A major barrier to women's progress in management worldwide continues to be the gender stereotyping of the managerial position. The purpose of the paper is to examine how this “think manager – think male” attitude has changed over the three decades since the author's initial research and to consider the implications of the outcomes for women's advancement in management today.
The paper reviews the author's research, first conducted in the 1970s and replicated in the USA and internationally, on gender stereotyping and requisite management characteristics.
The overview reveals the strength and inflexibility of the “think manager – think male” attitude held by males across time and national borders. Over the last three decades corporate males in the USA continue to see women as less qualified than men for managerial positions. Internationally, the view of women as less likely than men to possess requisite management characteristics is also a commonly held belief among male management students in the USA, the UK, Germany, China and Japan.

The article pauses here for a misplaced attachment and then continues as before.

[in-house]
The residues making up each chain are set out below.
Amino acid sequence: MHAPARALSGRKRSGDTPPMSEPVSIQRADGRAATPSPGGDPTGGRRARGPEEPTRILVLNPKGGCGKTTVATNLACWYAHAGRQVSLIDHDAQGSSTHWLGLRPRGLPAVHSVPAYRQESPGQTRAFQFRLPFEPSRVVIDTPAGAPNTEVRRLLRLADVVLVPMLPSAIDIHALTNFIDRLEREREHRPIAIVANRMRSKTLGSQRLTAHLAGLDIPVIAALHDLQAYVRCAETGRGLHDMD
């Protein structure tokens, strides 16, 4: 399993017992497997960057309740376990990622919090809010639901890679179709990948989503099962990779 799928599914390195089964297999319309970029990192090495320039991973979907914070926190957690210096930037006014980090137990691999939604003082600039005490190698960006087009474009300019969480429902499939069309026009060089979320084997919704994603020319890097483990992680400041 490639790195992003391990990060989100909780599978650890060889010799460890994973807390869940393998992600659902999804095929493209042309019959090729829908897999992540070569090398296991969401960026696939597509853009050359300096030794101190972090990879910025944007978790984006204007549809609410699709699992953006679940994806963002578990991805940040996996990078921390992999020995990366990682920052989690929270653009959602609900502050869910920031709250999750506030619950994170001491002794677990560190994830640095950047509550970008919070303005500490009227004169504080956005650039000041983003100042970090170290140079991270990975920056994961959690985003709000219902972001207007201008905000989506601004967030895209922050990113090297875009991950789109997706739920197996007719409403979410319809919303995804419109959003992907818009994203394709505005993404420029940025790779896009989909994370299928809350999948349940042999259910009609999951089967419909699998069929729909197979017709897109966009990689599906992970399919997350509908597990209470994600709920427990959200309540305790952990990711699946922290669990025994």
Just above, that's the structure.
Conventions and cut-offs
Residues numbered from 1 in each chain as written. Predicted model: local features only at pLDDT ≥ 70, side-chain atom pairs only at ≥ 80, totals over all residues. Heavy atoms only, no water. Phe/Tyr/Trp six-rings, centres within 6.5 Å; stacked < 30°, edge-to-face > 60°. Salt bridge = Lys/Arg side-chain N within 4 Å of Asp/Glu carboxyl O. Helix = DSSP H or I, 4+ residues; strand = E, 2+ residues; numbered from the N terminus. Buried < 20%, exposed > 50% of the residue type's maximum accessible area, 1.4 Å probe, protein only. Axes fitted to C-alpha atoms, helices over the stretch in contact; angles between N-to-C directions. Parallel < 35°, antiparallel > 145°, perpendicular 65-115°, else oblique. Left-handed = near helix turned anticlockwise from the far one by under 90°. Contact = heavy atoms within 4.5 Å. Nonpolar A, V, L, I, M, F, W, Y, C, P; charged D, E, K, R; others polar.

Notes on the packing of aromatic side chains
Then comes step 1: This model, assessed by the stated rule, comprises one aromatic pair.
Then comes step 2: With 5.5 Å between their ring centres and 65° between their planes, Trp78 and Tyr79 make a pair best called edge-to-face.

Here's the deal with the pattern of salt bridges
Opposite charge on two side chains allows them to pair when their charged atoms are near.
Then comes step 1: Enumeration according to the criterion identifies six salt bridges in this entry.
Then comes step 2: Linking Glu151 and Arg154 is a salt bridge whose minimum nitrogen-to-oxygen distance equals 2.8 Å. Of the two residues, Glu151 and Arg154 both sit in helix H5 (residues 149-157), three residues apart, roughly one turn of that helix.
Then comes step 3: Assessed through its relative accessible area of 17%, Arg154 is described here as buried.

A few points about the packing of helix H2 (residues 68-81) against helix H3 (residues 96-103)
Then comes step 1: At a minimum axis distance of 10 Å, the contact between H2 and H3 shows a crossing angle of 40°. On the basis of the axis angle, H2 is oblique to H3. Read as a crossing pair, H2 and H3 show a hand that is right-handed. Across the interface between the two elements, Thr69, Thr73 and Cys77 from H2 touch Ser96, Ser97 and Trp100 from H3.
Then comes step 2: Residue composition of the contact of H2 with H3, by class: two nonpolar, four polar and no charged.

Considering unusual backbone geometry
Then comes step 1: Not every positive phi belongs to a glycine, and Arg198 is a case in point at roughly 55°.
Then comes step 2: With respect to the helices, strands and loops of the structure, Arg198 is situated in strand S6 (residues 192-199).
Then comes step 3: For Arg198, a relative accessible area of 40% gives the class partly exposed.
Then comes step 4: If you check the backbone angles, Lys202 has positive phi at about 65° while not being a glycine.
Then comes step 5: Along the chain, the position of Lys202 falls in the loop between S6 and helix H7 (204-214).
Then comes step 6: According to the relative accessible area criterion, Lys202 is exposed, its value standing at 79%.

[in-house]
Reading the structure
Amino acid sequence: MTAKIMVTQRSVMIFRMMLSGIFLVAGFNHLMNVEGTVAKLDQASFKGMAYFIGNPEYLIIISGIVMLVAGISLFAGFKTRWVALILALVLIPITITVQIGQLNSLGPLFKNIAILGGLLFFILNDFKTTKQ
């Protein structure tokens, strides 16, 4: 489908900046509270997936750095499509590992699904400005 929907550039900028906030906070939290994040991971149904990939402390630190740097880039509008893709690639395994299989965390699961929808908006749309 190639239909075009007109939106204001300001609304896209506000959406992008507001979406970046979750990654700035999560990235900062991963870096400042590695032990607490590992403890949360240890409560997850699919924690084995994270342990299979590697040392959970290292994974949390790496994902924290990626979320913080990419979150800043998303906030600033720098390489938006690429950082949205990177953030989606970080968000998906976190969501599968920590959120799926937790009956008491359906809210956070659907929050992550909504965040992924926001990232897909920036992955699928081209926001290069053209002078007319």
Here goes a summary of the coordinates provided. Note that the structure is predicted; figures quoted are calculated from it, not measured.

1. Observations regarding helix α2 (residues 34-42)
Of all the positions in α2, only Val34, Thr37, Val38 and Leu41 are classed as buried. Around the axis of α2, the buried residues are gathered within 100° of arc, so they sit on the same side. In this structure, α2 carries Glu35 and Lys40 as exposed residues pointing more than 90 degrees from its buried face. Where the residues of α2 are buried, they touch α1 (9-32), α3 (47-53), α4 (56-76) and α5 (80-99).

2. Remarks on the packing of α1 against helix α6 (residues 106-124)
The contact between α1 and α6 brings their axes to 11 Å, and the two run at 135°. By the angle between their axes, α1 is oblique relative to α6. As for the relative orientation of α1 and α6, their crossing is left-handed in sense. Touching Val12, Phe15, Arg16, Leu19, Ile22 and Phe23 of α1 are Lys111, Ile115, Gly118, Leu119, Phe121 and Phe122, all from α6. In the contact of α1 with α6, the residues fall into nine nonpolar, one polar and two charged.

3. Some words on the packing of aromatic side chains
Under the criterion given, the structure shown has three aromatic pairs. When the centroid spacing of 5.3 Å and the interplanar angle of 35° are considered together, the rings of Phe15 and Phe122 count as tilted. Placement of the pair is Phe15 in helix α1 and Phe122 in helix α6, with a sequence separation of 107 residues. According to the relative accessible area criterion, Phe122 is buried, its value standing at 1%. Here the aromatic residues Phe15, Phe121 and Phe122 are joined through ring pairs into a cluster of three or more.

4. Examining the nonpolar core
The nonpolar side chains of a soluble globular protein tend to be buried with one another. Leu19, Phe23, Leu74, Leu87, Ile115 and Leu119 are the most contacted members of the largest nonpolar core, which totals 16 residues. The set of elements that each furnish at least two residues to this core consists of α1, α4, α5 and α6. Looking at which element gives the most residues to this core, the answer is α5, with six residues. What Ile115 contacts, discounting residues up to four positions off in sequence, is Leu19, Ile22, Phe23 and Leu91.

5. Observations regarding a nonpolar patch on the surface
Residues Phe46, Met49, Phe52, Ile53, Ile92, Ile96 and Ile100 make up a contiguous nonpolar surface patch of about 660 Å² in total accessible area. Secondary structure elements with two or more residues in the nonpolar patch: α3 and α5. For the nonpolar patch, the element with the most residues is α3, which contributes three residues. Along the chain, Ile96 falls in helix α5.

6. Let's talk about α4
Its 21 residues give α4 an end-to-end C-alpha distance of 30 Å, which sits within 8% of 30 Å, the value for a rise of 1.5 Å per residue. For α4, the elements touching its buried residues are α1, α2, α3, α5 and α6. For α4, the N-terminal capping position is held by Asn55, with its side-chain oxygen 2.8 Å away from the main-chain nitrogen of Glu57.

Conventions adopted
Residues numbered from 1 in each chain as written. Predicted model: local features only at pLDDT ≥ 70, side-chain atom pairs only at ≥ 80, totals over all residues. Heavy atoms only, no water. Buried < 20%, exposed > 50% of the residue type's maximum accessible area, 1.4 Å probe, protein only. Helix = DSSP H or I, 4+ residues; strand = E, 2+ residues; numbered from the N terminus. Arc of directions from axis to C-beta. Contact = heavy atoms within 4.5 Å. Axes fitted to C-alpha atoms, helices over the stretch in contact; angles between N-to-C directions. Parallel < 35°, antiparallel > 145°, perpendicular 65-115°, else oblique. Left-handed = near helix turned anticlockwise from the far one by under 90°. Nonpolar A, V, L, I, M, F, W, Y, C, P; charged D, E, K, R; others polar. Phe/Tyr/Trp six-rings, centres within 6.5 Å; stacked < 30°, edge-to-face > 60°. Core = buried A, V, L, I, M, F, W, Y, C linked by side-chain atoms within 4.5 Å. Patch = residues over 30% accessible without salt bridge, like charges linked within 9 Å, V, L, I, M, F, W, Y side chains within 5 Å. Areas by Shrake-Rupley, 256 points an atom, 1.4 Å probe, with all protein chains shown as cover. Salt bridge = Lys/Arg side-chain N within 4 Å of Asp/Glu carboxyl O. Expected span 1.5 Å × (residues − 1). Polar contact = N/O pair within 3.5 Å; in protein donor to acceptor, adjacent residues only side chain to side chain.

Women's continued progress depends on recognizing the intractable nature of these negative attitudes and continually seeking ways to ensure that these attitudes do not derail their success. The need to maintain and expand legal efforts is discussed. An argument is also made for challenging the “corporate convenient” way of working and restructuring managerial work to facilitate a work and family interface.
Based upon three decades of research, the paper highlights the importance of maintaining and increasing efforts to ensure that women advance to positions of power and influence in organizations worldwide.
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